29 July 2009

Losing My Child: Living In and Through Grief (Pt 7)

So, another set back occurred today...oh joy. We received notice on this past Saturday, that the life insurance check from my son's passing was in the mail. Well, today we received it...YAY!!! Then we opened it, and found it was made out payable to my SON'S name. Well, long story short, it was a typo and the insurance company is reissuing another check ASAP. My hope of using it to kill some of the surrounding debt before the end of the month, has been thwarted. So, I must patiently continue to wait...not one of my strong suits...lol.

OK, to continue in the look at the booklet Good Grief, we come to the seventh stage, which is the feeling of anger and resentment. Supposedly this stage will come after the depression, so I guess I have not been through this as fully as I could be, but I still relate to many aspects of it. While admitting that neither anger nor resentment are good or healthy emotions, they are nonetheless still common for most people, and therefore important to move past them.

When in this stage, we tend to become critical of everything related to the situation. I found this to be the case somewhat, when it came to the whole "what if" scenarios. I found myself questioning and casting blame on doctors, types of treatments, etc. What could have caused this? Who is to blame? What was done wrong, and by whom? These are areas he directly addresses in this chapter. No real solution is given, except to attempt to move from this quickly.

Stage eight is to resist returning to normal activities. I guess to a certain degree I have experienced this. It has to do with feeling like only we remember the great loss we have had, while others around us have returned to life as usual, so we seek to keep the memory (of pain) alive, leading to further depression, and a lack of desire to get on with life and try to get past it. We become too comfortable in our grief, and find it less painful to experiencing new situations in life.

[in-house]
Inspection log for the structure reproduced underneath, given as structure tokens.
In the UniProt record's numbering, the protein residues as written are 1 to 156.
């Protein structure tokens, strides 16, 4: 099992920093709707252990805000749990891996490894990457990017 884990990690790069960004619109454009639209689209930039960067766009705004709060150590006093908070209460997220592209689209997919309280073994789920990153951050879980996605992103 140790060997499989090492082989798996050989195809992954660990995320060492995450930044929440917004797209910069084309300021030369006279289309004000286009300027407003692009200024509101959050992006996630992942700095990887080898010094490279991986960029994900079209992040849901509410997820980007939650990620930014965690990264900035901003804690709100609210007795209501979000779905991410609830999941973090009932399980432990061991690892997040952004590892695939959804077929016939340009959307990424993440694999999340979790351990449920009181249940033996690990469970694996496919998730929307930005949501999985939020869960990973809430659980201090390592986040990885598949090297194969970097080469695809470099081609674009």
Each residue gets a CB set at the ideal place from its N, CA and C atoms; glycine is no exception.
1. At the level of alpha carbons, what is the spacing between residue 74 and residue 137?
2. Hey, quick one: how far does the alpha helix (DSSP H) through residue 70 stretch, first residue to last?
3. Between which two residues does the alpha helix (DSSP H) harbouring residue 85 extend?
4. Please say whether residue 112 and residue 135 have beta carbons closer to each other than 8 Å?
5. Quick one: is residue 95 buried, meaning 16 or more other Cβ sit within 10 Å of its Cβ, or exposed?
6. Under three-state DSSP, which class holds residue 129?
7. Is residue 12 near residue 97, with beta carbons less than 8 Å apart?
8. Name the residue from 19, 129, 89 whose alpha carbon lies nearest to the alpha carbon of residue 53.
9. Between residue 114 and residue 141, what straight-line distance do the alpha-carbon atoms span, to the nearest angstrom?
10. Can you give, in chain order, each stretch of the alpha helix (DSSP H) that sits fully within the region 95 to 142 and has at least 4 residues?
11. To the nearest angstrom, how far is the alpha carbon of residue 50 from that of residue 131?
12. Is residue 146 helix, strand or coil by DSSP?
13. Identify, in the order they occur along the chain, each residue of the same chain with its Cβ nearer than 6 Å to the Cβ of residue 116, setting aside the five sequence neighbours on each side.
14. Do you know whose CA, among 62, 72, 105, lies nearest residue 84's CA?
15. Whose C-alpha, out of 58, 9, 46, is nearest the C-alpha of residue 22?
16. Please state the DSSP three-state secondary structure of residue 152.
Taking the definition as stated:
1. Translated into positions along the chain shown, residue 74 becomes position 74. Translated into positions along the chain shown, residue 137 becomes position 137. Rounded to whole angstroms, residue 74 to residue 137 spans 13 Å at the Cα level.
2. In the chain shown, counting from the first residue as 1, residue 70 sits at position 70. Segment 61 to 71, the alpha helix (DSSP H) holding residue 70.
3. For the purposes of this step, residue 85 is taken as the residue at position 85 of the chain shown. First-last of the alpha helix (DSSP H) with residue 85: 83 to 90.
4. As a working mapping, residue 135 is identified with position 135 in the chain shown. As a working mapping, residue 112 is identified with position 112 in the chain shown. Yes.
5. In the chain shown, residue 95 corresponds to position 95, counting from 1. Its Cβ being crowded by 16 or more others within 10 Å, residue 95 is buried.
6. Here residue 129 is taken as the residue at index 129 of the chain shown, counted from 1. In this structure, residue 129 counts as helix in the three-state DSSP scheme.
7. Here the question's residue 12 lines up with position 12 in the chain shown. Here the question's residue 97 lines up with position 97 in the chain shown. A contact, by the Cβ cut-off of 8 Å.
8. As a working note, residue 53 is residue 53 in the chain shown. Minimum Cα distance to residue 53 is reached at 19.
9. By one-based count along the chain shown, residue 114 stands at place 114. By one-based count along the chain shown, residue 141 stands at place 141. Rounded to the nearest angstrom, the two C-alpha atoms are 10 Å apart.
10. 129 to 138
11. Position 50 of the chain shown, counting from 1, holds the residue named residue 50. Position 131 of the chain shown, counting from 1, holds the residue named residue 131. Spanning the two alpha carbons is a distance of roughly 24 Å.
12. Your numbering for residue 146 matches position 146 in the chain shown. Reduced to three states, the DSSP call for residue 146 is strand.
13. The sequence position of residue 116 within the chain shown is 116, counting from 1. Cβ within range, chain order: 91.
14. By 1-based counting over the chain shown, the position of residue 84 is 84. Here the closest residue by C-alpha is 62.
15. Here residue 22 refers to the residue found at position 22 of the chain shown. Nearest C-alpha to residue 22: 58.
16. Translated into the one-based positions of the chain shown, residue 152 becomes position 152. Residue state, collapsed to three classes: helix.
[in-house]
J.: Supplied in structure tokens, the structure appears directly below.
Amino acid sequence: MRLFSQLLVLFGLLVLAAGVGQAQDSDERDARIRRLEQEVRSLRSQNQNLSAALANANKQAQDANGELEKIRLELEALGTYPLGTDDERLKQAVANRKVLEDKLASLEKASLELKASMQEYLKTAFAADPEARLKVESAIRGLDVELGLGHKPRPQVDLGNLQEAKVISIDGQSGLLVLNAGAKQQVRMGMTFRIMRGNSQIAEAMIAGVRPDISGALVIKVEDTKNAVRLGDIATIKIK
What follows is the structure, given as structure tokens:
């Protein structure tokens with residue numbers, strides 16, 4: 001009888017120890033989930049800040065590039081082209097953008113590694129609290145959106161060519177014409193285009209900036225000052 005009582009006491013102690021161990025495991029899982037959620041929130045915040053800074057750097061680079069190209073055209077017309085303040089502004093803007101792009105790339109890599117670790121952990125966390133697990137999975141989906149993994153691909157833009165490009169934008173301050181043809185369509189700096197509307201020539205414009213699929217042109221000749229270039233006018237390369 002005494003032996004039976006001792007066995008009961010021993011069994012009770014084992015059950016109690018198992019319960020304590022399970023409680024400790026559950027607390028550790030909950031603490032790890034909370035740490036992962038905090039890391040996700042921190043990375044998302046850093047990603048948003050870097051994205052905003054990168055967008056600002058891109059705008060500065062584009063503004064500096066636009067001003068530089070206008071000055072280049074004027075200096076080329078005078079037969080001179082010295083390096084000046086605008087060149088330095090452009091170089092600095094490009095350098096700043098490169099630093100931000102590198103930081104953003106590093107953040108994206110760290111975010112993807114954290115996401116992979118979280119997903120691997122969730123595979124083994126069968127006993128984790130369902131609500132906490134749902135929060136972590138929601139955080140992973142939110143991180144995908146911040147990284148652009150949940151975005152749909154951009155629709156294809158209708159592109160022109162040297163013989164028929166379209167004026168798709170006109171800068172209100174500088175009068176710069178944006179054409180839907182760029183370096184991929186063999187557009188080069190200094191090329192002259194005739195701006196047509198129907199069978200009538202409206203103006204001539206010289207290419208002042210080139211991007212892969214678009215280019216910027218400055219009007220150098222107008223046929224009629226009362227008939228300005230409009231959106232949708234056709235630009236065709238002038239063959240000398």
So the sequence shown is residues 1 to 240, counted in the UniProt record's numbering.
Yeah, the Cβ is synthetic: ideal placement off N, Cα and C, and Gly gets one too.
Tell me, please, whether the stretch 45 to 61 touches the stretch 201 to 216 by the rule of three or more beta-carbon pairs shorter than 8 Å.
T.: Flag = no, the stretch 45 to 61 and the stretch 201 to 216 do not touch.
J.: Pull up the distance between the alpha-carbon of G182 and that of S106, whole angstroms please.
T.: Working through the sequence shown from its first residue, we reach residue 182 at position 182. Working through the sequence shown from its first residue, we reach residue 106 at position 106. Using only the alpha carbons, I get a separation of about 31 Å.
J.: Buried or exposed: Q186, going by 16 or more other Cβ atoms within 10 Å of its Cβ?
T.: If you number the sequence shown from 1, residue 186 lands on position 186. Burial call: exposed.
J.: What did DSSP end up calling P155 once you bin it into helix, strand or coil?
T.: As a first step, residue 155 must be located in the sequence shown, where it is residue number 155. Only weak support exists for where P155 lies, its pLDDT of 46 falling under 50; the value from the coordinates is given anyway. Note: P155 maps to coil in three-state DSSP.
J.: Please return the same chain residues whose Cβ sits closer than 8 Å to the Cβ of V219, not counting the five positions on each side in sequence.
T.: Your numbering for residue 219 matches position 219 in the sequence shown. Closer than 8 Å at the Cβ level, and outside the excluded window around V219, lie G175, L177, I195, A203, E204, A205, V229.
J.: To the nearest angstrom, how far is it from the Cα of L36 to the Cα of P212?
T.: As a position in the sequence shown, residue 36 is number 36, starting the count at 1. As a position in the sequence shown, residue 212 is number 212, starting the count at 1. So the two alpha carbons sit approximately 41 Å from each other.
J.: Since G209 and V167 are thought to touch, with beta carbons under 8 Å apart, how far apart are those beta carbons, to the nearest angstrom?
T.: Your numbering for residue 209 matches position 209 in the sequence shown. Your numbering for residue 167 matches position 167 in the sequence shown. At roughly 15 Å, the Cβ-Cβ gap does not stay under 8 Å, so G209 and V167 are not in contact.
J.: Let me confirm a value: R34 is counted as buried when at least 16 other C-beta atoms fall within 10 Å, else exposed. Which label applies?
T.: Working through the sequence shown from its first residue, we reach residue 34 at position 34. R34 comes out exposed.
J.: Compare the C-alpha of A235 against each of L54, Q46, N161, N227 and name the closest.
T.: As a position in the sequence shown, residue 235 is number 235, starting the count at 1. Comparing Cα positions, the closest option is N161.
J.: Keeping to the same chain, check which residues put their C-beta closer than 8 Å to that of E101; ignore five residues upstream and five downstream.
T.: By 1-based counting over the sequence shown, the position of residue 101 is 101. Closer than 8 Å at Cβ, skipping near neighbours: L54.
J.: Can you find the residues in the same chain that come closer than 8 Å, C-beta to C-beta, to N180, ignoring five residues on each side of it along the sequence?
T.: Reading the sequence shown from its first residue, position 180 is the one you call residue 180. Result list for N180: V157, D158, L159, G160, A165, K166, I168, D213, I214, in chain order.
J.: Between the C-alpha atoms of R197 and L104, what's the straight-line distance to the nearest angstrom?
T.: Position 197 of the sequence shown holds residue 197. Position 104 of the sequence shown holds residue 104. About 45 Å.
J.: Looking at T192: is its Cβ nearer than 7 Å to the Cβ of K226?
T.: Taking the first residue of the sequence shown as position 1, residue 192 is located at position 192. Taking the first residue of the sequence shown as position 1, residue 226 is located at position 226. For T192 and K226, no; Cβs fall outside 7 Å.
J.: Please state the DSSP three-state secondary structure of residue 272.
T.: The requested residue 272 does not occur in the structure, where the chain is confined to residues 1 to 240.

One of the things he touches on in this section, is how people who surround the grieving one tend to make every attempt to avoid the issue...avoid bringing up the lost love one, for fear of bringing up painful emotions. He says that this tends to have the opposite effect, in that it makes the griever think everyone has all but forgotten the lost one. We should be open and free to discussed the one who has passed...to keep the memory alive, and to live and relive the joys of their lives. I often try to bring up my son in conversation with the family, and my other children do not grasp this point, and always think we should not speak of him. They do not bring him up, thinking it will make mom or dad cry again. But we really need to continue living, speaking, and remembering him in our normal conversations.

Stage nine is when things begin to clear up, and the dark clouds begin to break up, and a ray of hope begins to shine through. An example is given of the typical "Hollywood" little old lady who has lost her husband years earlier, and has become a recluse basically. She has kept her husbands belongings exactly as they were, and sits and ponders the memories on through the years, never letting anyone in, or seeking to experience life any further. This is what can happen if we do not move through the stages to reach the days of hope and life again.

Stage ten is to begin reaffirming reality again. We will never be able to return to our old selves again, with great loss comes great changes in life. But we should and can continue on in new experiences, and often, those of great faith will be better suited and able to assist others through similar issues due to their experience. So, in the end, we should come out different, but in ways, better than before.

I pray that I find my way through all of the steps and to this outcome myself. I appreciate those who have continued lifting me, and my family up in prayer during these times. I feel without it, we would not have made it this far. May God continue providing strength to us each minute of each day until I see the clouds break and the sun shine through once again.

This is the end of the examination of this little booklet, and I will return to my continued reading of the R.C. Sproul book Invisible Hand for my personal study on this issue further.

Part 1 | Part 2 | Part 3 | Part 4 | Part 5 | Part 6 | Part 7